Choosing an integrated cloud services vendor for your business enterprise is not an easy decision, and the choice should not be made without first considering dozens of factors. However, the decision-making process can be assisted by knowing your business, including an overall strategy of what is to be accomplished and understanding the requirements that will get you there.
Oddly enough, because it is calculated based on usage and activity, the cost of using cloud services is often the last factor to be considered in the decision-making process. Until your business knows what it wants and how it's going to use it, there is really no way to determine exact overall cost—an educated estimate is all you have to go on.
Amazon AWS, Microsoft Azure, and Google Cloud Platform are the three major operators in the full-service integrated cloud services market, and they are well aware of the lack of available concrete cost figures. This is why all three vendors offer a cost calculator system that can help you estimate costs for your business before you make a commitment to their respective services.
As an experiment to determine price differences, if any, we used each vendor's calculator to estimate the cost of a basic set of features. Your results will vary depending on what services you choose to use, but the experiment can still inform your decision-making.
SEE: Quick glossary: Cloud platform services (Tech Pro Research)
Estimated cost comparison
For the purposes of this experiment, we calculated for three basic services:
- A single virtual machine with two virtual CPUs and 8GB of RAM
- 1TB of general storage
- A basic identification and authentication service tying into Active Directory
Those services are about as basic as cloud services can get. Other services, especially niche services like artificial intelligence, IoT management, and distributed databases, are going to vary greatly depending on the vendor and, more important, usage.
Table A shows the monthly cost each vendor's calculator estimated based on those services.
Although they reached similar overall estimated costs, AWS and Azure arrived at their total amounts in very different ways. Azure charges a premium for the virtual machine, while AWS puts a premium on storage. Google Cloud also places a premium on storage but minimizes the cost of Active Directory support, which only raises more questions that need to be answered before a final decision is reached.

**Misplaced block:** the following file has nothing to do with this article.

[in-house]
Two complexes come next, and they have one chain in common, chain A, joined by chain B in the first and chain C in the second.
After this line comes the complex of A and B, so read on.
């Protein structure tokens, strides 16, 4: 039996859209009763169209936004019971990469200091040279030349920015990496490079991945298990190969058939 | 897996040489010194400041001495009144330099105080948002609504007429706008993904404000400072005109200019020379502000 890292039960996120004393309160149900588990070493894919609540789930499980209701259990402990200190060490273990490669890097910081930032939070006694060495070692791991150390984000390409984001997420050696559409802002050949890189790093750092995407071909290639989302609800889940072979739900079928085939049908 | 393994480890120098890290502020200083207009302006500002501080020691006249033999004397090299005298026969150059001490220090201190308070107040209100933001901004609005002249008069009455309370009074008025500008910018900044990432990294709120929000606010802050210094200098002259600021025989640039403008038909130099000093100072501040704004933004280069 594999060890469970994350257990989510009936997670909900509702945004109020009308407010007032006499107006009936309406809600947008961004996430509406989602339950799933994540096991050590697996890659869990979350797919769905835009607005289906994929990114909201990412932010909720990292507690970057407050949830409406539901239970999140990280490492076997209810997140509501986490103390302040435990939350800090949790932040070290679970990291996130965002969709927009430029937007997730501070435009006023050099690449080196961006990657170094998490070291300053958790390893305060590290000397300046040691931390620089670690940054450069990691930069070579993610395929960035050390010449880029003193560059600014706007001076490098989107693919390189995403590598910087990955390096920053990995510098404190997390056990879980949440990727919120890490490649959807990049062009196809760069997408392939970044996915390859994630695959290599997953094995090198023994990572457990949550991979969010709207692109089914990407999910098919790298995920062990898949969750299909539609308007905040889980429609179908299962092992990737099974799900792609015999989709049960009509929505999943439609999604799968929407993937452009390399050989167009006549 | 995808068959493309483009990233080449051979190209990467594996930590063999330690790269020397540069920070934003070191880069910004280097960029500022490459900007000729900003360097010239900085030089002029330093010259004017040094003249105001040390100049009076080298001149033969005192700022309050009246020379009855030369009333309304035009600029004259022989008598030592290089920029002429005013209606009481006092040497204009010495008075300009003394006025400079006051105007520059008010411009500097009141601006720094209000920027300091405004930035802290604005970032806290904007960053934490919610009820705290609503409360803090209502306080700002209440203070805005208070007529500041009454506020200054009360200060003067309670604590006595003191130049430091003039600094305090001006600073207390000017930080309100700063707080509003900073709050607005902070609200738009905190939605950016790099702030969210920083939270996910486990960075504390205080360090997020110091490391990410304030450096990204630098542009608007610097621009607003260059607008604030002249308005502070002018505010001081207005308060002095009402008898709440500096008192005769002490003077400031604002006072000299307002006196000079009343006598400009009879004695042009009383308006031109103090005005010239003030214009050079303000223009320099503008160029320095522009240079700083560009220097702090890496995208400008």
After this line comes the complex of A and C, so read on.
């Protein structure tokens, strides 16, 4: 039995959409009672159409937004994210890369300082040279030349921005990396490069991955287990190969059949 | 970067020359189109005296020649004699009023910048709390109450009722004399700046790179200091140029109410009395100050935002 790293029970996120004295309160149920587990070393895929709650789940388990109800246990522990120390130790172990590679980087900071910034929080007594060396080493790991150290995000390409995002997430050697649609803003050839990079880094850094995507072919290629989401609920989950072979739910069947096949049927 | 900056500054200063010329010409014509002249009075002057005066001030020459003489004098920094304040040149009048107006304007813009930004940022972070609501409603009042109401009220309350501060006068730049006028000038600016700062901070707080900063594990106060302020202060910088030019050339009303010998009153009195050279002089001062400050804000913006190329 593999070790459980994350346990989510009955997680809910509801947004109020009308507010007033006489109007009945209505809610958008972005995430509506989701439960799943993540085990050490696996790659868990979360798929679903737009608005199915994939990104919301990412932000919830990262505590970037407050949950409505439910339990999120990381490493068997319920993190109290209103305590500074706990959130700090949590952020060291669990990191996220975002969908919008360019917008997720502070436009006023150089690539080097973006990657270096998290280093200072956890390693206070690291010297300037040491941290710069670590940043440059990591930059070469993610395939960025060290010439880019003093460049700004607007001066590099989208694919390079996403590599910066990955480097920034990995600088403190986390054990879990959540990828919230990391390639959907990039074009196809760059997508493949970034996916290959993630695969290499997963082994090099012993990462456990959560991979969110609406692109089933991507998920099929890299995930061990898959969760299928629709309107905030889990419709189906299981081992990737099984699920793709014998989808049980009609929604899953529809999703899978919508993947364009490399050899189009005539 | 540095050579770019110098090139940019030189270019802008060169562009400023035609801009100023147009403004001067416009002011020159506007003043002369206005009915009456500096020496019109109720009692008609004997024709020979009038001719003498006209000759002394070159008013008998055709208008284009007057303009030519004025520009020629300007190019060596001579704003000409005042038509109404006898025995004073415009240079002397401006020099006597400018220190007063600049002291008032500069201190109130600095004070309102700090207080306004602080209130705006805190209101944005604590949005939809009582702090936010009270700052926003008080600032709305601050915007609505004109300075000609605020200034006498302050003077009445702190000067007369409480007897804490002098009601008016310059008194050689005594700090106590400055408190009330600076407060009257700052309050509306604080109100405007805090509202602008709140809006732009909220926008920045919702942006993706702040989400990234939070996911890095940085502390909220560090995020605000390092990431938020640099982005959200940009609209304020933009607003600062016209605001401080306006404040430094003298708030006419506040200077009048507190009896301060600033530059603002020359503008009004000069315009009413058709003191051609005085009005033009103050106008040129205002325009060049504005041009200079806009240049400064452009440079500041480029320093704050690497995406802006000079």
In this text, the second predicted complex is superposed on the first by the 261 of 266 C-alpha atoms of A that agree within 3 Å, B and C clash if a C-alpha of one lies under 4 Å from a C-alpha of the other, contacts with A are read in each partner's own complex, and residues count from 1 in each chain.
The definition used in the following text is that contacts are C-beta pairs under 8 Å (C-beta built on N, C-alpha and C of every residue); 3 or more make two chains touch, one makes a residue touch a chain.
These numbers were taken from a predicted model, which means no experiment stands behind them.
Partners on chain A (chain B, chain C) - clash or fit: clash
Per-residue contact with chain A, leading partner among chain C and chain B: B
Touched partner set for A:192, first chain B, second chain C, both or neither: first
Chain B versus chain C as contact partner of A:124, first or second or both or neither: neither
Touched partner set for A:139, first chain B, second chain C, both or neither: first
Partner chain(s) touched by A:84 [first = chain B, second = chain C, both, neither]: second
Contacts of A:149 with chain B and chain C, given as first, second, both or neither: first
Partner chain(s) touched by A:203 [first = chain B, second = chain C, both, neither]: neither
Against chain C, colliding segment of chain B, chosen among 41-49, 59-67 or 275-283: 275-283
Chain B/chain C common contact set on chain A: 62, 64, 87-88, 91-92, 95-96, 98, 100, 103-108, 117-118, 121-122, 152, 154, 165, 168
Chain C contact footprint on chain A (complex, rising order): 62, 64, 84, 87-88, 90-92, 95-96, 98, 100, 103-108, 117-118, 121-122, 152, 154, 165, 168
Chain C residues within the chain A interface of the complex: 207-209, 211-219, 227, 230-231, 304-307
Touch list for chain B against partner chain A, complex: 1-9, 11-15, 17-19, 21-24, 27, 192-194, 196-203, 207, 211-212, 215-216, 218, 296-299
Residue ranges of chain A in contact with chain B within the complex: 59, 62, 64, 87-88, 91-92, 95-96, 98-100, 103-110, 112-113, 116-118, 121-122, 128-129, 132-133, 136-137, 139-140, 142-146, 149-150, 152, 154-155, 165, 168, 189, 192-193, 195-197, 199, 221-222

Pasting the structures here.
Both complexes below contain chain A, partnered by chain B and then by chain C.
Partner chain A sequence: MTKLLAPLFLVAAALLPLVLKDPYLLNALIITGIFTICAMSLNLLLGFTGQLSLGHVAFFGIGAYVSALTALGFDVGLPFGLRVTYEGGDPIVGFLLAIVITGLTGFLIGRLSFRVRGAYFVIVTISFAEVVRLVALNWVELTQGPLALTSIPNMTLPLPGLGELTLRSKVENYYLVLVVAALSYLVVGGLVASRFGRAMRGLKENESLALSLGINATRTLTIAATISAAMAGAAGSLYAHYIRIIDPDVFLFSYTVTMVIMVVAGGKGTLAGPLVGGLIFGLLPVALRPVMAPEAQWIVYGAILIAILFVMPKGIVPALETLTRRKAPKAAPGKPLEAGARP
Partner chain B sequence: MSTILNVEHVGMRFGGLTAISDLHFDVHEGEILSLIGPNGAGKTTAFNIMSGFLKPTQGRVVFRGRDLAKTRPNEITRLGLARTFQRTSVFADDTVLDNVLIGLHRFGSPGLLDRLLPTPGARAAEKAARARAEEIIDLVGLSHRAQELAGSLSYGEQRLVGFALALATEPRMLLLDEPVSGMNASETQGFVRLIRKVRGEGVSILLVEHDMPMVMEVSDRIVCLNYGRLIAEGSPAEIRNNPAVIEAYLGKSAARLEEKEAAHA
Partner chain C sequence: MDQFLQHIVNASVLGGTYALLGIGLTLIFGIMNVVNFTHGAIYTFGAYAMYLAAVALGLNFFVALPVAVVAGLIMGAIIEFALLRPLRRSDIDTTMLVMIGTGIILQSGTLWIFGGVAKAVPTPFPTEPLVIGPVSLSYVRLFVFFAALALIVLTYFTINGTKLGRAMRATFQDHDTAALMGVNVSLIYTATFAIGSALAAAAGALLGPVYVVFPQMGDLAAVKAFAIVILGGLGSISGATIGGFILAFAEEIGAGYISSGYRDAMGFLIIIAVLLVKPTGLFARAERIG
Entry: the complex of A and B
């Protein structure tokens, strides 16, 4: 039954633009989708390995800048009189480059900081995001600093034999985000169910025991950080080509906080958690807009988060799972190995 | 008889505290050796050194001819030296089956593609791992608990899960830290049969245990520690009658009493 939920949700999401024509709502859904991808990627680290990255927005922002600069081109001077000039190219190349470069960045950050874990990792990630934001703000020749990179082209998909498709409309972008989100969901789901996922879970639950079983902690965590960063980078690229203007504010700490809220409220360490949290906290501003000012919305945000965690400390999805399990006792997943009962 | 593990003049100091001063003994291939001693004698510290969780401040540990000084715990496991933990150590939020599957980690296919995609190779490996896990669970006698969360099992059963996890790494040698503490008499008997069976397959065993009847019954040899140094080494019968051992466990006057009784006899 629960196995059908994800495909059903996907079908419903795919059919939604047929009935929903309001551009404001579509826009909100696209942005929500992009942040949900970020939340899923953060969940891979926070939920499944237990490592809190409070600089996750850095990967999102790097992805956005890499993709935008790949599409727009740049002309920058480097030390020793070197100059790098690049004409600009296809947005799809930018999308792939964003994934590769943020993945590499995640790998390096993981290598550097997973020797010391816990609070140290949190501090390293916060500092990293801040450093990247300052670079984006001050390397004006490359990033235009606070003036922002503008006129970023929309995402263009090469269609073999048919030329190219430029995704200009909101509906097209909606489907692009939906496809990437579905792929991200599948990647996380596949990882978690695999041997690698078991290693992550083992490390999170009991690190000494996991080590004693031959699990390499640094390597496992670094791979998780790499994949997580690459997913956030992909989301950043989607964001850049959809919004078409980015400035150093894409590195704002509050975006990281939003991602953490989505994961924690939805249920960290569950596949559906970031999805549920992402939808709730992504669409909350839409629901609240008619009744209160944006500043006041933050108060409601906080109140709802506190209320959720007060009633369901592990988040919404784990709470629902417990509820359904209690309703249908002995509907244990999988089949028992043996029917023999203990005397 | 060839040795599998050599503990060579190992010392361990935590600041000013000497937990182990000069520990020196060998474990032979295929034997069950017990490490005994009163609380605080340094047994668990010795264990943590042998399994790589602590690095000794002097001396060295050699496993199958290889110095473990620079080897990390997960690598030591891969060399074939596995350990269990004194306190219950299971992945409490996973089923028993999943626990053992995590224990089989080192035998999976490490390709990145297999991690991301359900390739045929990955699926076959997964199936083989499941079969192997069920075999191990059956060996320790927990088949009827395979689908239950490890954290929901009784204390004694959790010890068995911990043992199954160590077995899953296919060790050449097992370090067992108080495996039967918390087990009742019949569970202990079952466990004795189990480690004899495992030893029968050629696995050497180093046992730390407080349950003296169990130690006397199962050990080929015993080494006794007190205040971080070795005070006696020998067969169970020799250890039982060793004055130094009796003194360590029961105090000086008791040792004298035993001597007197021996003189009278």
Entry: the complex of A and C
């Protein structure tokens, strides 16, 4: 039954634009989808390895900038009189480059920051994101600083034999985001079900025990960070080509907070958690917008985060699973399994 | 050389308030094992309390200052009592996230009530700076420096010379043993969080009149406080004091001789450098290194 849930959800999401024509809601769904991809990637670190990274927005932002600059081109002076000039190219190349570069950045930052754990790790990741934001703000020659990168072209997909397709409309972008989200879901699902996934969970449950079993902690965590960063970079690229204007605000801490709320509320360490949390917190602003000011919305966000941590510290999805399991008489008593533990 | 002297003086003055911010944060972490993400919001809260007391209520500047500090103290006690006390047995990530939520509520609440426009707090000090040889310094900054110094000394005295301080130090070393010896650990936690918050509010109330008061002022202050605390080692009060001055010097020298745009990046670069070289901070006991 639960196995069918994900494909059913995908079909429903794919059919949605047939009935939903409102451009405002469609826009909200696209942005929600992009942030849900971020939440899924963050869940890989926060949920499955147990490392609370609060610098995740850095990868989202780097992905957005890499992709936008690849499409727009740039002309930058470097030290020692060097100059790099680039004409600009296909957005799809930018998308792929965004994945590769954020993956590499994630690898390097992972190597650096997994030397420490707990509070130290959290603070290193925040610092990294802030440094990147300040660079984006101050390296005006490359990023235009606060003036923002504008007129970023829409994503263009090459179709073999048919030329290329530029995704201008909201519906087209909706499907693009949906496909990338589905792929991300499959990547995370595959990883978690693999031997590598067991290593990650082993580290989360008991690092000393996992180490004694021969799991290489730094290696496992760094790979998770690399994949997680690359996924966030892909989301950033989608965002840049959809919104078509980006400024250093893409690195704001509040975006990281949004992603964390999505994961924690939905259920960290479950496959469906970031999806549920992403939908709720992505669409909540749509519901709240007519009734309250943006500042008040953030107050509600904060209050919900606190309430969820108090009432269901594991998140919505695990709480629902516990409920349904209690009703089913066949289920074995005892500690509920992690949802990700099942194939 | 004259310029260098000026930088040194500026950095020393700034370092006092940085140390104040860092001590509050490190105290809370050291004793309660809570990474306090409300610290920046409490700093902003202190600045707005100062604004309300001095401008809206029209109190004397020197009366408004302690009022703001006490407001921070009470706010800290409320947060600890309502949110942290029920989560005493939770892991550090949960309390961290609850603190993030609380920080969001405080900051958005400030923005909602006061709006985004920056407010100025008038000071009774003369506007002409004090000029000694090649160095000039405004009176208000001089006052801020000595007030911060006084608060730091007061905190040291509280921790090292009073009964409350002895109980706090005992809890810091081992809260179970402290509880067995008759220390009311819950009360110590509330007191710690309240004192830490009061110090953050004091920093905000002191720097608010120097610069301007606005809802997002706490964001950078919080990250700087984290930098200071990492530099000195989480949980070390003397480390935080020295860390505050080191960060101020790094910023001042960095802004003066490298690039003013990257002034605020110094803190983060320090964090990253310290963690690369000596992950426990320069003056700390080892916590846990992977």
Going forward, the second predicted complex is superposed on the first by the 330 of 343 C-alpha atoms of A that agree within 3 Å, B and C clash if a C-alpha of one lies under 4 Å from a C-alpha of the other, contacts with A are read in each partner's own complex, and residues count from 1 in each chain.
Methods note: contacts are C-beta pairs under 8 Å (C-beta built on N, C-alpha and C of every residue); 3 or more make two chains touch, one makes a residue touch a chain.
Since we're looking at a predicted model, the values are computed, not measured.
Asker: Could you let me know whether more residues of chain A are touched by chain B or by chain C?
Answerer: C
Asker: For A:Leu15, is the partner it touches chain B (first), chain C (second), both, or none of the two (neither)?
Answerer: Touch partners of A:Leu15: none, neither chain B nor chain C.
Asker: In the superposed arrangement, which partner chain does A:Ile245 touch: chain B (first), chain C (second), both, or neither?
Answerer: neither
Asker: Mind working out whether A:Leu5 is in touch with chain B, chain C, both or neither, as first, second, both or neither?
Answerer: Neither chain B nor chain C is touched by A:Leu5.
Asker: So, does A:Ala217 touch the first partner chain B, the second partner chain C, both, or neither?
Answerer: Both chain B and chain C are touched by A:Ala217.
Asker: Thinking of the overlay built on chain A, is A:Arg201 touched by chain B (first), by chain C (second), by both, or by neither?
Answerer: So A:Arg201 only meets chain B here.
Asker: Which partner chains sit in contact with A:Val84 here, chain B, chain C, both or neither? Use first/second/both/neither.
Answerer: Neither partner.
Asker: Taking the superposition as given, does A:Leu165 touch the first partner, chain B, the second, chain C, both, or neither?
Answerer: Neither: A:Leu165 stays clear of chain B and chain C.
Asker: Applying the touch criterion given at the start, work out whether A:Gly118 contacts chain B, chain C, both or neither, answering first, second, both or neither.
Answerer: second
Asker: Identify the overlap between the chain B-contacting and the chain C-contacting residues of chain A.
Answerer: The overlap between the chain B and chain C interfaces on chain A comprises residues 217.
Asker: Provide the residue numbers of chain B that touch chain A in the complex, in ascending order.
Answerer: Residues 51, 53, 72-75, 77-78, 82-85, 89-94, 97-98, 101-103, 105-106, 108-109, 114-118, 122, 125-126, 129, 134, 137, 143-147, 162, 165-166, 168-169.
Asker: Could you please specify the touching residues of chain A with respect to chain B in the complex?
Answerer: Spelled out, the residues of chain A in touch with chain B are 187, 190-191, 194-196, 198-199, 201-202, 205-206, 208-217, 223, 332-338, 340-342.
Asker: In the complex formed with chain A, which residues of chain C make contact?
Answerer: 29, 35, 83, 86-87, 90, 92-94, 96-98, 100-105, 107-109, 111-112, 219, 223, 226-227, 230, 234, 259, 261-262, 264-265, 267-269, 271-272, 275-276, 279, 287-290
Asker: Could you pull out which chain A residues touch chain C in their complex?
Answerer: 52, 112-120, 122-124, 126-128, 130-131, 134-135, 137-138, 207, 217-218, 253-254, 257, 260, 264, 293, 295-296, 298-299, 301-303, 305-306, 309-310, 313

Special report: From cloud to edge: The next IT transformation (free TechRepublic PDF)
If nothing else, the experiment shows that enterprise decision makers have their work cut out for them when it comes to choosing an integrated cloud vendor. AWS, Cloud, and Azure all offer a vast array of cloud-based services, and all three charge different fees for each service. Comparing the three services is going to require a systematic process.
Tech Pro Research, TechRepublic's premium sister site, offers Vendor comparison: Microsoft Azure, Amazon AWS, and Google Cloud to help your decision-making process. This toolkit can help you focus on just the features and services your business needs and then compare how well each vendor can meet those particular needs.
SEE: AWS re:Invent 2018: A guide for tech and business pros (free PDF) (TechRepublic)
Making a decision
By its nature, choosing an integrated cloud vendor is not a simple process. There are many factors to consider and many decisions to be made. Knowing your business backward and forward before you start the process is the first step. Sticking to a systematic process and applying a capable comparison tool will also save time and resources. Cost comes into play only once you know what services you want and determine how you will use them.
- Hiring kit: Solution architect (Tech Pro Research)
- Choosing cloud vendors: Does going all in mean getting locked in? (TechRepublic)
- 80% of businesses now require uptime of 99.99% from their cloud service vendors (TechRepublic)
- Top cloud providers 2018: How AWS, Microsoft, Google Cloud Platform, IBM Cloud, Oracle, Alibaba stack up (ZDNet)
How did you choose your cloud provider? Did the estimated cost match the actual cost? Share your experiences and opinions with your peers at TechRepublic in the discussion thread below.
Mark W. Kaelin has been writing and editing stories about the IT industry, gadgets, finance, accounting, and tech-life for more than 25 years. Most recently, he has been a regular contributor to BreakingModern.com, aNewDomain.net, and TechRepublic.